But we rise up and stand firm.

Monday, August 24, 2009

"Some trust in chariots and some in horses,
but we trust in the name of the Lord our God.
They are brought to their knees and fall,
but we rise up and stand firm."
- Psalm 20:7-8

One thing I have learned to appreciate about our marriage is that we pull each other outside of our comfort zones. For Shawn, that may mean joining me on thrift store missions or helping me bake.

For me, it's ball sports.

I was never known to be the athletic one in our family. I did run track and cross country in high school, but when it came to any other kind of sports (especially ones involving balls), I stayed away. I was not only just not interested, but I was self-conscious to try because I had convinced myself I was terrible at them. And perhaps because God has a sense of humor, I married a man who lives for sports (namely, soccer) and subtly urges me to give them a second chance.

A few weekends ago, we had a cookout with some friends and Shawn brought these two paddles and a little rubber ball to play with. Knowing there would be other men there, I wasn't concerned about it. But when he smiled and handed me one of the paddles, I swallowed hard.

'What?!' I thought. 'Is he trying to make a fool out of me in front of our friends? I thought he knew... I don't do ball sports.'

I reluctantly took the paddle and hit the ball back and forth with him. To both of our surprise, I did really well and even enjoyed it.

So when we went rollerblading the other night, I was cautiously excited. I hadn't rollerbladed since last summer, and State Street in Chicago isn't really for beginners. Oh, and I don't know how to stop.

We headed for an empty street nearby and as I held onto Shawn, I began to relax and was able to enjoy the calm summer breeze. He eased his hand out of mine and I skated alone with moderate confidence until it was time to stop. We saw a car up ahead, and I yelled out to Shawn, "Sweetie, I don't know how to stop!" He whipped around his skates, looking like a professional, and said, "You're ok. Just hold onto me." I skated into his arms and effectively stopped.

We continued to skate through Lincoln Park and we found an empty spot to learn how to stop.
We'd speed up, count to three, then I'd bend my left knee and drag my right skate until I had come to a complete stop. The first few times, I held onto Shawn for dear life, afraid I'd fall and break something. But as time went on, I loosened my grip. By the end, I only needed the brush of his hand to have the confidence to stop on my own.

As we headed back home, I skated on my own, but my posture revealed my insecurities. Knees bent, leaning forward just a tad too far, I looked like I was bracing myself for an inevitable fall. But as soon as I could feel Shawn behind me and could sense his touch - even the lightest touch on the back of my arm - I straightened up, relaxed my muscles, and the fear left me. I glided effortlessly over the dips and divots in the road, knowing that if anything happened, Shawn was right there and would help me.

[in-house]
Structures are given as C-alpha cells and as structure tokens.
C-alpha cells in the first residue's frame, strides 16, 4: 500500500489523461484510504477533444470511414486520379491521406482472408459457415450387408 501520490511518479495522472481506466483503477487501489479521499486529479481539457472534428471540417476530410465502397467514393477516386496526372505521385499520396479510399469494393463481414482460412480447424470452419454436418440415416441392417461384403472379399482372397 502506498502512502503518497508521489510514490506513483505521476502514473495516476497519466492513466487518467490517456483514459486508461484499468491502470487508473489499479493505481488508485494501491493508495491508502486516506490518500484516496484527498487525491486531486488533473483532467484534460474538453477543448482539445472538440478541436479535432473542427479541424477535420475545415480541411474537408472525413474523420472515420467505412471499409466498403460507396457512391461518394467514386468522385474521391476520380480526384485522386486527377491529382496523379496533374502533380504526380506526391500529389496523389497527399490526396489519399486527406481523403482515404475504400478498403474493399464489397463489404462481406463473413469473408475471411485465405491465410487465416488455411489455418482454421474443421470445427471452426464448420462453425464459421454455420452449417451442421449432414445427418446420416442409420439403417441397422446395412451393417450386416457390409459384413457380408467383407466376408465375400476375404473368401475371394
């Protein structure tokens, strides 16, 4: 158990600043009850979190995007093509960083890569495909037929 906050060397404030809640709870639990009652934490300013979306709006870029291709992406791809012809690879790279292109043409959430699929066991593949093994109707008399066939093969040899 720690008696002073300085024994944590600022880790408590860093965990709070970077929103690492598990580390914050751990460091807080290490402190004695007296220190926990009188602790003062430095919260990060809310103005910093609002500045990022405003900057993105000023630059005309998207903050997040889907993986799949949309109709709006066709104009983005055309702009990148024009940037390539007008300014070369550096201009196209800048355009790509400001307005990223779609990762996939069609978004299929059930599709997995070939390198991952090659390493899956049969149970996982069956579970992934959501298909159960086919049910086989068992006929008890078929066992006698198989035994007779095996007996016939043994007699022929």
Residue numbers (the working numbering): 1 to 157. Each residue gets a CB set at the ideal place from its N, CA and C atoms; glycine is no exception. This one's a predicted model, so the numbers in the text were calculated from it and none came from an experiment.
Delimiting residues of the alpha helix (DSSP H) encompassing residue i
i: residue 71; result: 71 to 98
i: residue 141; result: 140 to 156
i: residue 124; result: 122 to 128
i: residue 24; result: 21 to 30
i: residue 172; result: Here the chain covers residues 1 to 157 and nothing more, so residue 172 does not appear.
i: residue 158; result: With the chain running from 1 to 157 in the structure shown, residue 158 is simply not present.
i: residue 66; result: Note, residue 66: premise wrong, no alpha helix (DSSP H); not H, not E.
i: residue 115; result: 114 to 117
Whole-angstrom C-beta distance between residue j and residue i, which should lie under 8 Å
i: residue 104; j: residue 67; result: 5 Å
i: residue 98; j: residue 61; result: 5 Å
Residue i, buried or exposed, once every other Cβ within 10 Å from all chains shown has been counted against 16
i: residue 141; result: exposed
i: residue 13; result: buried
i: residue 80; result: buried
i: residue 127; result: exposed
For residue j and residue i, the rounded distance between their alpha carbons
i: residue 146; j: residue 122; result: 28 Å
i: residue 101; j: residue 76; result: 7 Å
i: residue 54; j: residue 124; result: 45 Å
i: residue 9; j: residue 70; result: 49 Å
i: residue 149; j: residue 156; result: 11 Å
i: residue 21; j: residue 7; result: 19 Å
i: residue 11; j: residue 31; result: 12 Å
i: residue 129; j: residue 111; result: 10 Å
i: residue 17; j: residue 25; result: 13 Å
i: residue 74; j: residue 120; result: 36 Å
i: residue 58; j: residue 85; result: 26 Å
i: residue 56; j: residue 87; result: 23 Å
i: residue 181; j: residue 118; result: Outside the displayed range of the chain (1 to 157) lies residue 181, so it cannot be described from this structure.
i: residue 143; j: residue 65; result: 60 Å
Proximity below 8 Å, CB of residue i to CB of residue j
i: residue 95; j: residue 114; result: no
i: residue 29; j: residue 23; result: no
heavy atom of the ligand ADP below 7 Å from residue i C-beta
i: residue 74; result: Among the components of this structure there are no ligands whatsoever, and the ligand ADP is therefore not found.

We made our final turn towards home and noticed our friend Pops sitting on the street corner near our apartment. Pops lives in a nearby nursing home but panhandles during the day and has the sweetest smile you've ever seen. He is always an encouragement - he knows and breathes the nearness of God - and he talks openly about the Lord. He was there later than usual because he had prayed for someone the day before and was waiting for them to come back and tell him how God answered his prayer.

"God always answers, you know," he said, pointing to the sky. "It doesn't matter your situation, He's always there and He always hears."

It was just what I needed to hear before the next few days, which brought some unexpected dips and divots in our road. While we were thrilled with the news that we'll be moving to Texas, we found out that we need to move out of our apartment about a month earlier than planned. We found ourselves having to make some important decisions, and honestly, it felt for a short time that God didn't really have my best interest in mind. I would've liked to stay in Chicago longer, but it just wasn't going to happen. And as I let my mind wander, I dwelled on the many unknowns of the upcoming months: Where will we work? Where will we live? How long will we stay in Nashville? How will we meet friends?

But then I remembered rollerblading. I remembered Pops' wise words. And I remembered God's promises to be near that flood the Scriptures:

"I have set the Lord always before me. Because he is at my right hand, I will not be shaken." (Psalm 16:8)

"You give me your shield of victory, and your right hand sustains me; you stoop down to make me great." (Psalm 18:35)

"So do not fear, for I am with you; do not be dismayed, for I am your God. I will strengthen you and help you; I will uphold you with my righteous right hand." (Isaiah 41:10)

"For I am the Lord, your God, who takes hold of your right hand and says to you, Do not fear; I will help you." (Isaiah 41:13)

Sure, I could probably make it without acknowledging His presence in my situation. But I'd be much like I was when I tried to skate alone - bracing myself at every bump, hunched over, ready to break the fall.

That's no way to live.

Instead, I choose to allow God's touch to sustain me. Fear must flee and I am able to stand tall and free, ready to face whatever comes with confidence.

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